Brown is the straw that stirs the drink, and it makes those around him better. The rest of the team's receivers have shown some flashes here and there, but without Brown, it's far less effective of a unit.

Q: Like the Bengals, the Steelers have had some significant injuries to key players. However, it sounds like the Steelers may get some of those players back this week. What key players will be back this week? And are there any key players out for this week?

A: From the sound of it, nose tackle Steve McLendon will return, and he's probably the most important one. The Steelers' defensive line took a hit when defensive end Brett Keisel was lost for the year with a torn triceps. That puts the Steelers in a precarious position in terms of depth. Rookie Stephon Tuitt is said to be the Week 14 starter, and Cam Thomas will probably split snaps with him. Having McLendon back in the middle will help a limited Steelers' run defense.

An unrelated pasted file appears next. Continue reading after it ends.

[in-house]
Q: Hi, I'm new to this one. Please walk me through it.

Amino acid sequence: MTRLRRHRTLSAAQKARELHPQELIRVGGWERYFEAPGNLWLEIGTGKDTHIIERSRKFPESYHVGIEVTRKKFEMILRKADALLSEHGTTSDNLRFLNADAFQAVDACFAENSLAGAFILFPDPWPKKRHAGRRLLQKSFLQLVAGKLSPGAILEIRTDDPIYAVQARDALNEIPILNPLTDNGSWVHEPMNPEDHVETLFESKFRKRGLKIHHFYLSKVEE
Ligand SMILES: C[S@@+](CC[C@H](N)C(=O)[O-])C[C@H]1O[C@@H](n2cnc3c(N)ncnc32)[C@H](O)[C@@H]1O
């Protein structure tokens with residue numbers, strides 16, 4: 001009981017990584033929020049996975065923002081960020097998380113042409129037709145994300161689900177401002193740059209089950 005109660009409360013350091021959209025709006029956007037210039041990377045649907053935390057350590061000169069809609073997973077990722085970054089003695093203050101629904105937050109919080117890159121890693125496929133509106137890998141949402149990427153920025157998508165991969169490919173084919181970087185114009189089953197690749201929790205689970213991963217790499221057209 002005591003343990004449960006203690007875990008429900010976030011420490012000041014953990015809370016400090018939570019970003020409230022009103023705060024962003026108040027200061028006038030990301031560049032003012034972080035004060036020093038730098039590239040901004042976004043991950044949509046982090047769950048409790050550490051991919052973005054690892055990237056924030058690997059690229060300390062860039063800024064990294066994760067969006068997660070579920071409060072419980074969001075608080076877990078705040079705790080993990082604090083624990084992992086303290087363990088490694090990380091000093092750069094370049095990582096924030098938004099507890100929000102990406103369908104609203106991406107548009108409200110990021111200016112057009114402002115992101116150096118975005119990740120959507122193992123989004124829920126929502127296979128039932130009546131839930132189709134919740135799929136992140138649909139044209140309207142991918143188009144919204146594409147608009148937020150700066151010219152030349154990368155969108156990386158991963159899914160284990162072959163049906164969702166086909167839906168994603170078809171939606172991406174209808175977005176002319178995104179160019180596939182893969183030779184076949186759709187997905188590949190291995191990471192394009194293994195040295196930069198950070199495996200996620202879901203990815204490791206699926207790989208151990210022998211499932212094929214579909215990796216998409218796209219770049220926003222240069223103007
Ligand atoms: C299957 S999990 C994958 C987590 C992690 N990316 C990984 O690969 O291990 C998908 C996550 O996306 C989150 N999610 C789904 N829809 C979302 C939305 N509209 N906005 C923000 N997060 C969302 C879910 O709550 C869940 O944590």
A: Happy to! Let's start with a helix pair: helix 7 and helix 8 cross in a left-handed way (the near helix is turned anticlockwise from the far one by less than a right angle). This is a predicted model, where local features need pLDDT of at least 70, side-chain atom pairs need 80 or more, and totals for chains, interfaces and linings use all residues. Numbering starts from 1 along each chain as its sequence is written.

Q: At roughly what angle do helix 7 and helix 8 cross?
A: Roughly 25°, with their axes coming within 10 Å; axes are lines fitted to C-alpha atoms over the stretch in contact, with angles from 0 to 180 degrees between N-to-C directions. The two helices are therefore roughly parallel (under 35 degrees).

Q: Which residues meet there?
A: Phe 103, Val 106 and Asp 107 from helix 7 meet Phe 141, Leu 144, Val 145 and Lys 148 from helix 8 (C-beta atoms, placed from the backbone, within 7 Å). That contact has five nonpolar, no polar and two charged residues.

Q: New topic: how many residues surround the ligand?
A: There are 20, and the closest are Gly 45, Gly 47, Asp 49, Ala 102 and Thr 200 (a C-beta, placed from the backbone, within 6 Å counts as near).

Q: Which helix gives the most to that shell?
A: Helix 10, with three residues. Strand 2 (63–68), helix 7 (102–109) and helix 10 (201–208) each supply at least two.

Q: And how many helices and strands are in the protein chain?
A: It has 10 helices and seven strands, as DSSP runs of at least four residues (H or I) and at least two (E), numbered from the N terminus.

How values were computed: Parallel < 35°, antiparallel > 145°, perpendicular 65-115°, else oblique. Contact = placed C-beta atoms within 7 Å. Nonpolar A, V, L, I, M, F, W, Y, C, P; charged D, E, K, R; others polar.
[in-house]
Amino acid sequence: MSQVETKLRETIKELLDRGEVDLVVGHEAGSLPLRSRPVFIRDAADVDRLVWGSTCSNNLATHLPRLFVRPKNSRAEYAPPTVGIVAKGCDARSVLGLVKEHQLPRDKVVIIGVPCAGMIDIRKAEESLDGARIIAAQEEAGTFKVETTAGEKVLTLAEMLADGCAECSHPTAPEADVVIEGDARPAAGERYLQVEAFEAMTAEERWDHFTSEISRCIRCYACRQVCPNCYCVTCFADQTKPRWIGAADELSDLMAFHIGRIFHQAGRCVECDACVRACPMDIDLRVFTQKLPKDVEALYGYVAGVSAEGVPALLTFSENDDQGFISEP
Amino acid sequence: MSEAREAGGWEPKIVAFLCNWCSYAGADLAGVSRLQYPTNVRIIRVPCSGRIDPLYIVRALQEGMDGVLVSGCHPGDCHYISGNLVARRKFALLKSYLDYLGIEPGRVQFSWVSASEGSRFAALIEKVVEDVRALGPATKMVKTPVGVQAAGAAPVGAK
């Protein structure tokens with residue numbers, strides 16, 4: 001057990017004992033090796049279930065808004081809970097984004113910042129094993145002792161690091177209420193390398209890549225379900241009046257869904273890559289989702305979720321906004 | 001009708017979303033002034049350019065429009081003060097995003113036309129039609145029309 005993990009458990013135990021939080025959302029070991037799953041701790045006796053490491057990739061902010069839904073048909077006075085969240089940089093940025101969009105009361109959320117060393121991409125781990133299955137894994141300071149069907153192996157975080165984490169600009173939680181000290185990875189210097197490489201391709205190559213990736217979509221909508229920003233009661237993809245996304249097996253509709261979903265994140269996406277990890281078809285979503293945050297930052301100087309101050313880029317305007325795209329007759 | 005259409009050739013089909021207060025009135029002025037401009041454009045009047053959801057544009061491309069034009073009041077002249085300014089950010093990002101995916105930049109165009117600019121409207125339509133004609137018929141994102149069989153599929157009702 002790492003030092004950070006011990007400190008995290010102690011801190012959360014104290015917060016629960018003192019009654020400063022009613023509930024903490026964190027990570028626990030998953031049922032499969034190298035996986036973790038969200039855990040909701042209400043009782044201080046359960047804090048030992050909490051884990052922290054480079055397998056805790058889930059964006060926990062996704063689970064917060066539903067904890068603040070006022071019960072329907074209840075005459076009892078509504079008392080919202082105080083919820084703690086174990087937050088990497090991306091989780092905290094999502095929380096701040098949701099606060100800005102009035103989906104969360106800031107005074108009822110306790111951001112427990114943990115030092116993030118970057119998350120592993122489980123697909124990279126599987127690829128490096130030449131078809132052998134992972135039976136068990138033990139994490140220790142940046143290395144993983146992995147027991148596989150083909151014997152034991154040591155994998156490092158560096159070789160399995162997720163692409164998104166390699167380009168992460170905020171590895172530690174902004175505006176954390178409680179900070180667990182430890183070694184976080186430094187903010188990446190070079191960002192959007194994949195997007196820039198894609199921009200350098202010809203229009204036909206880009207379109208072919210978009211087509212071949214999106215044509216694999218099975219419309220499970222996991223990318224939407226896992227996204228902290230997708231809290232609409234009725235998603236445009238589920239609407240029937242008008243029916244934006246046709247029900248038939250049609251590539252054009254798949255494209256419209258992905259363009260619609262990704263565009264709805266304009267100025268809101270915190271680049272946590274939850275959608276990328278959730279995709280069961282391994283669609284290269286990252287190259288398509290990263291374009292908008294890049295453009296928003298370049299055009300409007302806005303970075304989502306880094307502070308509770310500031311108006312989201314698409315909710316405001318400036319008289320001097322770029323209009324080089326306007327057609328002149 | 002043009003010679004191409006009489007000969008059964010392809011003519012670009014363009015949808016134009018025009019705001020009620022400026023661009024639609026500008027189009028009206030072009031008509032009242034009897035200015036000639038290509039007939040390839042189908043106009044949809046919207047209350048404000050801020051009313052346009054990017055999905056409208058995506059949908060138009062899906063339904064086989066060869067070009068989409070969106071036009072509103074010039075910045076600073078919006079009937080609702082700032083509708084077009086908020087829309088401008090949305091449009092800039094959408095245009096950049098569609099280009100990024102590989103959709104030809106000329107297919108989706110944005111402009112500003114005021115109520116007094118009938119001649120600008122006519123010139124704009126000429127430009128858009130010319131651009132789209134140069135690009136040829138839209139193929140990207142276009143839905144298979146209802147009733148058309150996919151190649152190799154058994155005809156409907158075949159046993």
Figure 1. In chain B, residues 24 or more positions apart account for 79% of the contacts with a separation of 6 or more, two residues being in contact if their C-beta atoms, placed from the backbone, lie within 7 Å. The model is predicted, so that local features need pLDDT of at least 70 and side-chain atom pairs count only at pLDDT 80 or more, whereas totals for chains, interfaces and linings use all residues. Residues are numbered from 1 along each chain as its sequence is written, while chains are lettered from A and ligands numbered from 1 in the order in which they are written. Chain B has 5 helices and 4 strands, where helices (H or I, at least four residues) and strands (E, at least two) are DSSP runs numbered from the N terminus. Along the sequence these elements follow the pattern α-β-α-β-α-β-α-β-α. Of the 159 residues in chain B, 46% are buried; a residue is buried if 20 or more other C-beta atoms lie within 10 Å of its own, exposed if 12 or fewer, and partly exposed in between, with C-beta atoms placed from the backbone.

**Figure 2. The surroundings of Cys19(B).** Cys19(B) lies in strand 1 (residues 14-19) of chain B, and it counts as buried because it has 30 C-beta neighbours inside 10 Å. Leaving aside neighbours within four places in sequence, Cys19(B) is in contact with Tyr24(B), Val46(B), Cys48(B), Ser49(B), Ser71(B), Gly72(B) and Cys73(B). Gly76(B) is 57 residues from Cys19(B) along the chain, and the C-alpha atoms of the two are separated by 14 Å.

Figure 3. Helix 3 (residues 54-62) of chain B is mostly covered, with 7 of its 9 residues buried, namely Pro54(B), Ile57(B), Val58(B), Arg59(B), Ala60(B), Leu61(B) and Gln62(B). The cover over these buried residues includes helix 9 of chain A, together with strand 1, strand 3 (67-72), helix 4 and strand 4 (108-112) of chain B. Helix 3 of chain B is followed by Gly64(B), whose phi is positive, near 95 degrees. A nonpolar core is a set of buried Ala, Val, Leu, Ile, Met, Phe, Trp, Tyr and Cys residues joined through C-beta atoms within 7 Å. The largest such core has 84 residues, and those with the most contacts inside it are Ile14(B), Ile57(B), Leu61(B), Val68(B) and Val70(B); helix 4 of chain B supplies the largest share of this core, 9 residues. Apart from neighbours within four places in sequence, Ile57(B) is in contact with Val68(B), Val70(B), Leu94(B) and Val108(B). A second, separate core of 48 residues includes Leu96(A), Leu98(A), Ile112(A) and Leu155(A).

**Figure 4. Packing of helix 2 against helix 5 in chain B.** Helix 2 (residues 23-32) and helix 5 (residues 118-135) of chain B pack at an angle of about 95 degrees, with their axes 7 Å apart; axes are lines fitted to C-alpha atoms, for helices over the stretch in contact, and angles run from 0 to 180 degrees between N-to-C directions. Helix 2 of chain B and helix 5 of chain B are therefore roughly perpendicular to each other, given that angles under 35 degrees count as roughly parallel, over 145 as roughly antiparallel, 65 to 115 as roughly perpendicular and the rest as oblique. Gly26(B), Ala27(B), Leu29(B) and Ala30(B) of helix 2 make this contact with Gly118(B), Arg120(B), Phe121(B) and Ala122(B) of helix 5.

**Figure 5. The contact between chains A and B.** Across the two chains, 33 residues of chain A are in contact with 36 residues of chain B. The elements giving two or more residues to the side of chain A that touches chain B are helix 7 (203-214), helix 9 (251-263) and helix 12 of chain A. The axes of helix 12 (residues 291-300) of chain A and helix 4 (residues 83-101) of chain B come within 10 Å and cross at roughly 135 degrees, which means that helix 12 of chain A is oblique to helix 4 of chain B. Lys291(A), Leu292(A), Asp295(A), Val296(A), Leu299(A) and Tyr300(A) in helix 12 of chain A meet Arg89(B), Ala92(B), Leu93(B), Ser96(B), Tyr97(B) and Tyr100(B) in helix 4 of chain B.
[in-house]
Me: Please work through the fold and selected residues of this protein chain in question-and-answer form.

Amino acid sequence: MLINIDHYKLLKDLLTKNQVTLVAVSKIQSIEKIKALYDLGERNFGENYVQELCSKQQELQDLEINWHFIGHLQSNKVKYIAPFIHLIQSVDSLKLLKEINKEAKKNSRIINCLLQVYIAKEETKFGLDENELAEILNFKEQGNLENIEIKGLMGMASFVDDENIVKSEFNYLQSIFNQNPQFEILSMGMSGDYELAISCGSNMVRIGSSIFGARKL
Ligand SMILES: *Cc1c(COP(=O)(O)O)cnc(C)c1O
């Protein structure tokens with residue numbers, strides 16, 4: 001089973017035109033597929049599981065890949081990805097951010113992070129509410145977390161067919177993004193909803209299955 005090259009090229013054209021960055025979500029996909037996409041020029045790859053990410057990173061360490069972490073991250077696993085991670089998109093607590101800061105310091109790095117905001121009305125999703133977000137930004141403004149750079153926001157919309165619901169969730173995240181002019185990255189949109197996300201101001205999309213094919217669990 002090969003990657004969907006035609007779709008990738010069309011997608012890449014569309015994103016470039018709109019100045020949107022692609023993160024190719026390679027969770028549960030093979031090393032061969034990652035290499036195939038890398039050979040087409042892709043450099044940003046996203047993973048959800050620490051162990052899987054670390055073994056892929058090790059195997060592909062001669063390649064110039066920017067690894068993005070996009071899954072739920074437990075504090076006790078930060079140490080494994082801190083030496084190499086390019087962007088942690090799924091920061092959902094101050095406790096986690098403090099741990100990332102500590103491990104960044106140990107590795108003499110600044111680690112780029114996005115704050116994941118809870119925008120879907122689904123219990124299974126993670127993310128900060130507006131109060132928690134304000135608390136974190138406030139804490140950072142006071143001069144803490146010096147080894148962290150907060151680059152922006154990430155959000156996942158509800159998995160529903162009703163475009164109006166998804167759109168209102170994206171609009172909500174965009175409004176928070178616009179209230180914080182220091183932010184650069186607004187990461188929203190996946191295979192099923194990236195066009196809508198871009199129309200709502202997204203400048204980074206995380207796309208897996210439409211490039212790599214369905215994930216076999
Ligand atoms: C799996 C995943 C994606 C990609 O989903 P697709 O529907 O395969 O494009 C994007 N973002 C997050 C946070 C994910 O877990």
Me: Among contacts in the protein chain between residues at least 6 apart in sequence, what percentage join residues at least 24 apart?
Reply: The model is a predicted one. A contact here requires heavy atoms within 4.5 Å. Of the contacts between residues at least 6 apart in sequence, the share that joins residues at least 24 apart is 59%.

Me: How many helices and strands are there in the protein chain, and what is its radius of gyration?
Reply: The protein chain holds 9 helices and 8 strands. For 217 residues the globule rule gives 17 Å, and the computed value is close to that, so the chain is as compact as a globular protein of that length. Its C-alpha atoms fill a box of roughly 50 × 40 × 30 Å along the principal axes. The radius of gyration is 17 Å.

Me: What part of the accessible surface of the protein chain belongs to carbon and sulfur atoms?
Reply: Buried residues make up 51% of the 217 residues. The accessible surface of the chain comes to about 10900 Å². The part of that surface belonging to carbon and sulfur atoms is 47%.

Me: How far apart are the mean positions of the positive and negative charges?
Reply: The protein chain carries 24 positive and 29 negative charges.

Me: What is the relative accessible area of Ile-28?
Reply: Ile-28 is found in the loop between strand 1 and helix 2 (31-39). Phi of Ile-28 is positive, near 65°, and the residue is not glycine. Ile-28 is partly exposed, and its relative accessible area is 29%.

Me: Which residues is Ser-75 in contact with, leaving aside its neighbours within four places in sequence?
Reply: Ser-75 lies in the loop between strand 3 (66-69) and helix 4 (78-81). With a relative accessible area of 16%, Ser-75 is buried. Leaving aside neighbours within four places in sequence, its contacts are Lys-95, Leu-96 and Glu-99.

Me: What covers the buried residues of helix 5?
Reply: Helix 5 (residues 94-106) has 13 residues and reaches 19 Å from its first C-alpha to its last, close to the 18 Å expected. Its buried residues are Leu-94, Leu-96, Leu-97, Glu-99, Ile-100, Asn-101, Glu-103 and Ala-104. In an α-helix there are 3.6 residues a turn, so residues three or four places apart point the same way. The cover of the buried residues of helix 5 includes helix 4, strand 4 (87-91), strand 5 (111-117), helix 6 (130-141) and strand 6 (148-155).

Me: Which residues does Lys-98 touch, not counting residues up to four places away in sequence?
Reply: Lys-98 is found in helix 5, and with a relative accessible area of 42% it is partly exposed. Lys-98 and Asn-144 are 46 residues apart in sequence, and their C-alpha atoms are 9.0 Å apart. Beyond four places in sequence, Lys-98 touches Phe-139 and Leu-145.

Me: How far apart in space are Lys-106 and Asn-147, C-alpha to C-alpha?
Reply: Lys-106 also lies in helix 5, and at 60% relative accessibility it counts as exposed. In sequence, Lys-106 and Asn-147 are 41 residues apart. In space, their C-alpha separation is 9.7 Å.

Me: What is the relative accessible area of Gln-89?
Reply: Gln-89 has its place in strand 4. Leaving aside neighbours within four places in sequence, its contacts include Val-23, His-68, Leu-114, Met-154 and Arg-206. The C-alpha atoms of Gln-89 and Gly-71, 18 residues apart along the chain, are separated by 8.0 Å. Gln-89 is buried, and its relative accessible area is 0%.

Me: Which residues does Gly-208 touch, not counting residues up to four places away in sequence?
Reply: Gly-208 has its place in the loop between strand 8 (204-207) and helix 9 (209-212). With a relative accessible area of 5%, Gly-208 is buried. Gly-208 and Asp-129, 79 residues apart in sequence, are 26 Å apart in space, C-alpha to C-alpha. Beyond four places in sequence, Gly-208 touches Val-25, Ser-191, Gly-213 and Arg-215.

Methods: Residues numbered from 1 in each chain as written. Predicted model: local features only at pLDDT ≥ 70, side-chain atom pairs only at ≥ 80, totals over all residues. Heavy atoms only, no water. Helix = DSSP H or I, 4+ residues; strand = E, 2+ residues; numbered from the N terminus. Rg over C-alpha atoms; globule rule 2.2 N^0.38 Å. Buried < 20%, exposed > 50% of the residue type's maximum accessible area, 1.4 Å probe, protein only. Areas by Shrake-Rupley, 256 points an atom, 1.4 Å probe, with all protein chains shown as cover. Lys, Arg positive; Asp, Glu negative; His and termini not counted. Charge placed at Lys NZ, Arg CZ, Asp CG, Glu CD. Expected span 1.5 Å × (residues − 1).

I'm not sure how big a deal it is to get a few of the other guys back - rookie Ryan Shazier should play but he's splitting snaps with Sean Spence and Vince Williams anyway.

It's possible outside linebacker Jarvis Jones returns, but I'm not sure how much he'd see the field. The Steelers have to be pleased with the way ex-Bengals OLB James Harrison has been playing, and considering the fact Jones hasn't played since the first half of Week 3, I don't think they're going to push this week to get him back out there.

Q: When people think of the Steelers, they usually think of a good ground game and a great defense. The ground game has improved greatly with a healthy LeVeon Bell, but the defense is not a typical "Steelers/Dick LeBeau" defense. Why has the defense struggled in 2014? And how does the loss of Brett Keisel change the defense?